When given EtwActivityIdCreate (0x0C) as its FunctionCode argument, the NtTraceControl function creates an activity identifier such as may be associated with some occurrence of an event to help track relationships between occurrences. This note deals only with the function’s behaviour that is specific to this function code. The function’s general behaviour is here taken as assumed knowledge.


Well-behaved user-mode software does not call NtTraceControl. The documented user-mode API for reaching this functionality is EventActivityIdControl, which is exported by name from ADVAPI32 in version 6.0 and higher, though only ever as a forward to the undocumented NTDLL function EtwEventActivityIdControl. These higher-level functions vary their behaviour according to a ControlCode argument. Two cases can create an activity identifier: EVENT_ACTIVITY_CTRL_CREATE_ID (3) and EVENT_ACTIVITY_CTRL_CREATE_SET_ID (5). This creation is done in kernel mode through NtTraceControl.

Kernel-mode software also does not call NtTraceControl to create an activity identifier. The documented kernel-mode API is more efficient. It is EtwActivityIdControl, which is exported by name from the kernel, also in version 6.0 and higher. This function takes the same ControlCode argument. In the two cases that create an activity identifier, the function cuts through to the same internal routine that NtTraceControl would in kernel mode and does from user mode.

That said, the kernel itself calls ZwTraceControl to create an activity identifier. It does this for the undocumented EtwWriteStartScenario function if the activity identifier that is given as the ActivityId argument is all zeroes.

Documentation Status

Since EtwActivityIdCreate is known only as an argument for an undocumented function, it should not surprise that it too is undocumented. Microsoft’s name for it has been published in anything like plain text only in the NTETW.H from the Enterprise WDK for Windows 10 version 1511—specifically this one edition, its publication being very plausibly an oversight. Otherwise it is known from type information in symbol files that Microsoft has published for a few user-mode DLLs in Windows 8 and higher.


The output buffer is to receive a GUID. If the output buffer is not exactly 0x10 bytes, the function returns STATUS_INVALID_PARAMETER. Versions 6.0 to 6.1 also require that the input buffer be exactly 0x10 bytes. This is here guessed as following the design of the EventActivityIdControl function, which can have a GUID as input, output or both.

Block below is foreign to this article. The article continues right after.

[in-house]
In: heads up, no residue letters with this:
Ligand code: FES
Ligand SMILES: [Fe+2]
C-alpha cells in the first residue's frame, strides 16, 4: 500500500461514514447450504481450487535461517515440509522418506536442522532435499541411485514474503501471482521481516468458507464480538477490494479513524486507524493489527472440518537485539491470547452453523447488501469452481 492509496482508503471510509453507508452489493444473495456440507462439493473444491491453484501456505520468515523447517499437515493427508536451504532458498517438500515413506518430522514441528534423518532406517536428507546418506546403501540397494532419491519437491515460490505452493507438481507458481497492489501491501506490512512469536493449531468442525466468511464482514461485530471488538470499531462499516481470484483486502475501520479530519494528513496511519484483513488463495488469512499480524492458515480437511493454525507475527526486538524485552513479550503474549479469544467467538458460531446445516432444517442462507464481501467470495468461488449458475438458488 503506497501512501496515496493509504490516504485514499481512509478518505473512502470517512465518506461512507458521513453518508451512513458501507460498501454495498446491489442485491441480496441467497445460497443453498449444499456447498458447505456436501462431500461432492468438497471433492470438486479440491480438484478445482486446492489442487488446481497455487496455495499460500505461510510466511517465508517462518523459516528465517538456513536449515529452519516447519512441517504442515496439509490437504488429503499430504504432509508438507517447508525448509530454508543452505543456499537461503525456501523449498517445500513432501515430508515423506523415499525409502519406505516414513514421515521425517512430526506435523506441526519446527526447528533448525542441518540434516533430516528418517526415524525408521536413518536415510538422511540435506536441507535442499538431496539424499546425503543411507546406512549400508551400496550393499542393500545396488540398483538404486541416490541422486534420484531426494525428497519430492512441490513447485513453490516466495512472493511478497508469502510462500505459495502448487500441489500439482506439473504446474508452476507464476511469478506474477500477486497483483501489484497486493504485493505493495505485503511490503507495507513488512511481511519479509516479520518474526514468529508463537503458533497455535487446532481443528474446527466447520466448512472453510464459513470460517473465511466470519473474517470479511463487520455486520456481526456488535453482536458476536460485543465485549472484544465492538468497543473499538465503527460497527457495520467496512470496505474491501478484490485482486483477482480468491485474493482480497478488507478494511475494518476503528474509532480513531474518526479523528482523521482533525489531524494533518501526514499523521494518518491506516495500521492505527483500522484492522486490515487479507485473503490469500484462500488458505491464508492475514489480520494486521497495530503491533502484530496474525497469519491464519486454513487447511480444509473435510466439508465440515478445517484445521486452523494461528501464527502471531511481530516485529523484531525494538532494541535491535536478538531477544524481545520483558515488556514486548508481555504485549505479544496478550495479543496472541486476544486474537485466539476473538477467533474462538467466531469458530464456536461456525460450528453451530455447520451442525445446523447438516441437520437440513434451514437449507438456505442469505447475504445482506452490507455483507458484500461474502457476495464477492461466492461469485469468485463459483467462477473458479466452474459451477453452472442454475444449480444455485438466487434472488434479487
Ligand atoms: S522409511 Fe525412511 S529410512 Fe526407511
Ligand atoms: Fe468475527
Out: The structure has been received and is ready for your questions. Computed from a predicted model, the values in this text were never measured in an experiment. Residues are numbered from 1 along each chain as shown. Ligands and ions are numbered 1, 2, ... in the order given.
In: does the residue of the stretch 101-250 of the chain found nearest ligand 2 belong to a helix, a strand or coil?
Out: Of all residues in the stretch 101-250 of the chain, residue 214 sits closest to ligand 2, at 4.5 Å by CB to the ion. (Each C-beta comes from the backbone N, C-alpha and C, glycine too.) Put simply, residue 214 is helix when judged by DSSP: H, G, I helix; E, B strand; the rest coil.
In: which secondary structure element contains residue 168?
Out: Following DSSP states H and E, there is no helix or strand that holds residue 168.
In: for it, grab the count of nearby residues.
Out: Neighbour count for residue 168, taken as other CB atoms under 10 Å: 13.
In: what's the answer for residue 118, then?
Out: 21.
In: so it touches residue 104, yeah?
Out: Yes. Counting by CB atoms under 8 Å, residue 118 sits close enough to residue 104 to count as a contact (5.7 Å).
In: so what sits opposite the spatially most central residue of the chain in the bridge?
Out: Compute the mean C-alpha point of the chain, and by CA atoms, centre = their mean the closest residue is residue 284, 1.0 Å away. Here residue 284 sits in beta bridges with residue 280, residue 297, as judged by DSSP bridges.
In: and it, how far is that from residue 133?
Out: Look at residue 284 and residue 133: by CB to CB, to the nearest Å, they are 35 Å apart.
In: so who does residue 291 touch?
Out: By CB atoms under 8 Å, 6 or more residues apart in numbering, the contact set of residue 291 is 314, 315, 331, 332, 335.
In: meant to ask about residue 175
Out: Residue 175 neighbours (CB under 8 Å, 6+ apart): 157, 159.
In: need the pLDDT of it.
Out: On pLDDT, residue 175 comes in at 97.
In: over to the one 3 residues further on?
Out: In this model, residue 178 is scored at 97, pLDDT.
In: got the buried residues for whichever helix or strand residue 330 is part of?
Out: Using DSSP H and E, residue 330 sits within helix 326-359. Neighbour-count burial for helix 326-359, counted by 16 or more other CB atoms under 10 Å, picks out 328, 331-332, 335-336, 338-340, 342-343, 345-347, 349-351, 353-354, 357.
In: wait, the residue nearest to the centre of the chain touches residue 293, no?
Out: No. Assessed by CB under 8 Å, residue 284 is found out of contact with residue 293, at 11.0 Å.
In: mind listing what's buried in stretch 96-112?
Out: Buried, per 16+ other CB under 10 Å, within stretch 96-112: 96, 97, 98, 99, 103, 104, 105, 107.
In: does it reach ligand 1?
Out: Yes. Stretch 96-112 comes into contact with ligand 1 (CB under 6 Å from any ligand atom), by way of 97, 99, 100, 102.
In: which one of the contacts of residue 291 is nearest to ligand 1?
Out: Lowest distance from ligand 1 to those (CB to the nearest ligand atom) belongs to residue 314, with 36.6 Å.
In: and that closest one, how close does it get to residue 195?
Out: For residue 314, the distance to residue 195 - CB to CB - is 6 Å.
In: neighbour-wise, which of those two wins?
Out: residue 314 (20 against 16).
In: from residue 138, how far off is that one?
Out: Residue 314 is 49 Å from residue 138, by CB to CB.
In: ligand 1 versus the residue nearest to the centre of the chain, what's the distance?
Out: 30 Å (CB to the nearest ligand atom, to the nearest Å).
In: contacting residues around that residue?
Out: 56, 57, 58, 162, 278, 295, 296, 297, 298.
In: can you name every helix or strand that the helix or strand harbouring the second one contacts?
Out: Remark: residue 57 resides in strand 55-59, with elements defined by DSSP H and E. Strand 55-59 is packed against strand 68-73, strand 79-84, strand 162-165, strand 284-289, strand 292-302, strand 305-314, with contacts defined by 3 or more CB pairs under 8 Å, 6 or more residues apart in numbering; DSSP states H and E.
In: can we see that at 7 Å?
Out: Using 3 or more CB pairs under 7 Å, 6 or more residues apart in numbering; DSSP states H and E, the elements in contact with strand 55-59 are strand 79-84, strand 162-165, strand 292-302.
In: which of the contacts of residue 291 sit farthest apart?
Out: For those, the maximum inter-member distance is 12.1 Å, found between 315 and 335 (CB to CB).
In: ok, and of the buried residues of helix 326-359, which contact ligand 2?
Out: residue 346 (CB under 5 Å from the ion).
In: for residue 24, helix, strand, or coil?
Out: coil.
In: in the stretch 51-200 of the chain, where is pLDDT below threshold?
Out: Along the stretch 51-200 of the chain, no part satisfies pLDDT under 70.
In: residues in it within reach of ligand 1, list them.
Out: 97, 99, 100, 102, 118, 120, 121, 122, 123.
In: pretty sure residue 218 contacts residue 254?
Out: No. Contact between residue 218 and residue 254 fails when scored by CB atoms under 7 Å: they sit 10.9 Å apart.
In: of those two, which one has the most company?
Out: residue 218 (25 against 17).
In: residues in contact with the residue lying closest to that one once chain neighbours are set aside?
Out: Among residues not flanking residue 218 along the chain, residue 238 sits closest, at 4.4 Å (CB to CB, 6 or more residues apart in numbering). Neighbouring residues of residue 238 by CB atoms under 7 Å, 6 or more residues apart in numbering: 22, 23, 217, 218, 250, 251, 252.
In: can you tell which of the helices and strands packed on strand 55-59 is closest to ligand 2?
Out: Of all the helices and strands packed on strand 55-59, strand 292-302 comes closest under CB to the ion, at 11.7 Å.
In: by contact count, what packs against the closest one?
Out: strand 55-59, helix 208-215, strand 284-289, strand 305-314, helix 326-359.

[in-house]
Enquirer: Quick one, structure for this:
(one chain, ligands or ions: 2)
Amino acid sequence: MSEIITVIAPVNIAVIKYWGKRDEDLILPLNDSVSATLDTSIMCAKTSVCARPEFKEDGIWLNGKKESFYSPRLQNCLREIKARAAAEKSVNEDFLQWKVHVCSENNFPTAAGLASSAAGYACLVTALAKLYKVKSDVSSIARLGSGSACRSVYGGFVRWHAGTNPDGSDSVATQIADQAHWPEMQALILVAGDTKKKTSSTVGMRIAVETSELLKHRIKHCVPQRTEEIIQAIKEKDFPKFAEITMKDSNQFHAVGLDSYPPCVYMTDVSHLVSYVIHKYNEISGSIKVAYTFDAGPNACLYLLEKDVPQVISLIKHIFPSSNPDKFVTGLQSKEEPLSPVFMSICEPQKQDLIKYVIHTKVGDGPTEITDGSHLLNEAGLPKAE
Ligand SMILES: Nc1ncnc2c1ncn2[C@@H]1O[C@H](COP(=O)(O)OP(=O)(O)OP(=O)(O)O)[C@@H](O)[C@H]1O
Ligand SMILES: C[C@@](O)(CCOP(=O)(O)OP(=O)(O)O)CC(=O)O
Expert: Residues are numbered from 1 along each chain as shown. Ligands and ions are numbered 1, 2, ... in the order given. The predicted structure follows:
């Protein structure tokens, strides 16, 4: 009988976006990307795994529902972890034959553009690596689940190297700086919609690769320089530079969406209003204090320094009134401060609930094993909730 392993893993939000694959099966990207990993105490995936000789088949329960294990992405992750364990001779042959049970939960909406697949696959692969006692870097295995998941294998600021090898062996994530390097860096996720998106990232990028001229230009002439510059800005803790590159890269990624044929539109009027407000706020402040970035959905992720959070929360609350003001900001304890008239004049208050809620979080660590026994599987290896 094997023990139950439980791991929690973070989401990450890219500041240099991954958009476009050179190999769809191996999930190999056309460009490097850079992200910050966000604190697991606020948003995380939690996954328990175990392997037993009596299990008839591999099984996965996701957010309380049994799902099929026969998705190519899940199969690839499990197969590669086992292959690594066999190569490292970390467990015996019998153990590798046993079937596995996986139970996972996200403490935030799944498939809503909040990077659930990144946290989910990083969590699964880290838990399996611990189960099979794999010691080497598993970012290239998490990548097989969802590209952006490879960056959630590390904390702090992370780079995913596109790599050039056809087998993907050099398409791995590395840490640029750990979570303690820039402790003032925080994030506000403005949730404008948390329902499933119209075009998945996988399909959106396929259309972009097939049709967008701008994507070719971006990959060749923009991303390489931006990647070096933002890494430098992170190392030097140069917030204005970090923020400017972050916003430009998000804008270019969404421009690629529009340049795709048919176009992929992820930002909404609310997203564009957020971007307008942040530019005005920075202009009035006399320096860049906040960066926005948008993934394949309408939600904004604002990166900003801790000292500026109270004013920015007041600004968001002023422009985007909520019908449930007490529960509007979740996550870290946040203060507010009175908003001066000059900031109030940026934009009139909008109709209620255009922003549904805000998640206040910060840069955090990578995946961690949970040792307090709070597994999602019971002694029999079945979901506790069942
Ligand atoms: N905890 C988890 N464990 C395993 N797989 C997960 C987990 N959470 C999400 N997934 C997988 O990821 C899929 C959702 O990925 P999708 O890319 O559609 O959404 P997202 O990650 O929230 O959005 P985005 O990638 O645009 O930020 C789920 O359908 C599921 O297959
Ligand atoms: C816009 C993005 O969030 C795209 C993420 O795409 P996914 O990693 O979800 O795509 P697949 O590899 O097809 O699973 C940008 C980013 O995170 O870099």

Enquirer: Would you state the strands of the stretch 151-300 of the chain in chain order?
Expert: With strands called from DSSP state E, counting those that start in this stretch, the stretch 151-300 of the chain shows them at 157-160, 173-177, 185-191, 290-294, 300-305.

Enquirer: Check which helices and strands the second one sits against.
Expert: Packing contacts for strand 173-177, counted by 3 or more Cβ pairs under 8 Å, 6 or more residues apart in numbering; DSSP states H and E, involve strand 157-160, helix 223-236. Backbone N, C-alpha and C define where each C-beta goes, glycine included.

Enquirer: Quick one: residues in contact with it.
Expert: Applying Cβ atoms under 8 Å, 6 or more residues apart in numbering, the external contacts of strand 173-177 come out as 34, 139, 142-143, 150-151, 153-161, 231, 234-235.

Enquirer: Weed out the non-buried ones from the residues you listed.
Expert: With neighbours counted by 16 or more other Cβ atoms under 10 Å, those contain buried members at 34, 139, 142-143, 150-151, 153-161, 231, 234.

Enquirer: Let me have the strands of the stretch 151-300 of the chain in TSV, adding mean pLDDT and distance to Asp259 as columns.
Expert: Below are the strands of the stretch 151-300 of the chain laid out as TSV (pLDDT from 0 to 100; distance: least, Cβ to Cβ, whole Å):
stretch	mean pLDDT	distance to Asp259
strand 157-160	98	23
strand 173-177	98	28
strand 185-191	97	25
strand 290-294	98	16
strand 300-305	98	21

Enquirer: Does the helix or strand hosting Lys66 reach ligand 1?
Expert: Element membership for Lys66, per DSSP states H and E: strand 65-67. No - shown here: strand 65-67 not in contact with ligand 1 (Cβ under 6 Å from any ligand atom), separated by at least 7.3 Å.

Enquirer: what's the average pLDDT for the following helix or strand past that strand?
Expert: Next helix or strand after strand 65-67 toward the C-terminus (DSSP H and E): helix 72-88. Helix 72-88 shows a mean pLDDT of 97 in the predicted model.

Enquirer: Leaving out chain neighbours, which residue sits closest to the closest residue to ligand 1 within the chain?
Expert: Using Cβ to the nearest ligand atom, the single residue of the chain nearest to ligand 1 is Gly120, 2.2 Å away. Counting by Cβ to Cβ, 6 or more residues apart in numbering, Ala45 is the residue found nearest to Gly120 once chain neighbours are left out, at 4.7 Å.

The whole of the actual work is to generate a suitable GUID as the output. Suitable does not mean random. Presumably because of the role in linking events to track progress from one activity to another, some attempt is made to create GUIDs in sequence. The implementation keeps a separate sequence for each processor. Each KPRCB has as its EtwSupport member a pointer to per-processor storage just to support Event Tracing for Windows (ETW). Microsoft’s name for this storage as a structure is not known. Within this storage is the next activity identifier to allocate. The identifier is treated in two parts: the first eight bytes are stable; the second are incremented at each allocation.

The creation of an activity identifier cannot itself fail. It cannot fail even indirectly in versions 6.0 to 6.1 since these create the activity identifier in the function’s double buffer which is known to be good. In version 6.2 and higher, this case of the function is exempted from double-buffering. The activity identifier is created directly in the caller-supplied output buffer and can fail indirectly if the output buffer, though tested on entry to the function, is no longer good. Curiously, when adding the necessary exception handling, Microsoft’s programmers lost the line that records how much has been placed in the output buffer. The variable that the caller provided for learning the ReturnSize is set to zero instead of 0x10. To a caller who bothers looking, which apparently none do since this oversight persists at least to the 1803 edition of Windows 10, the function succeeds but says it produced no output.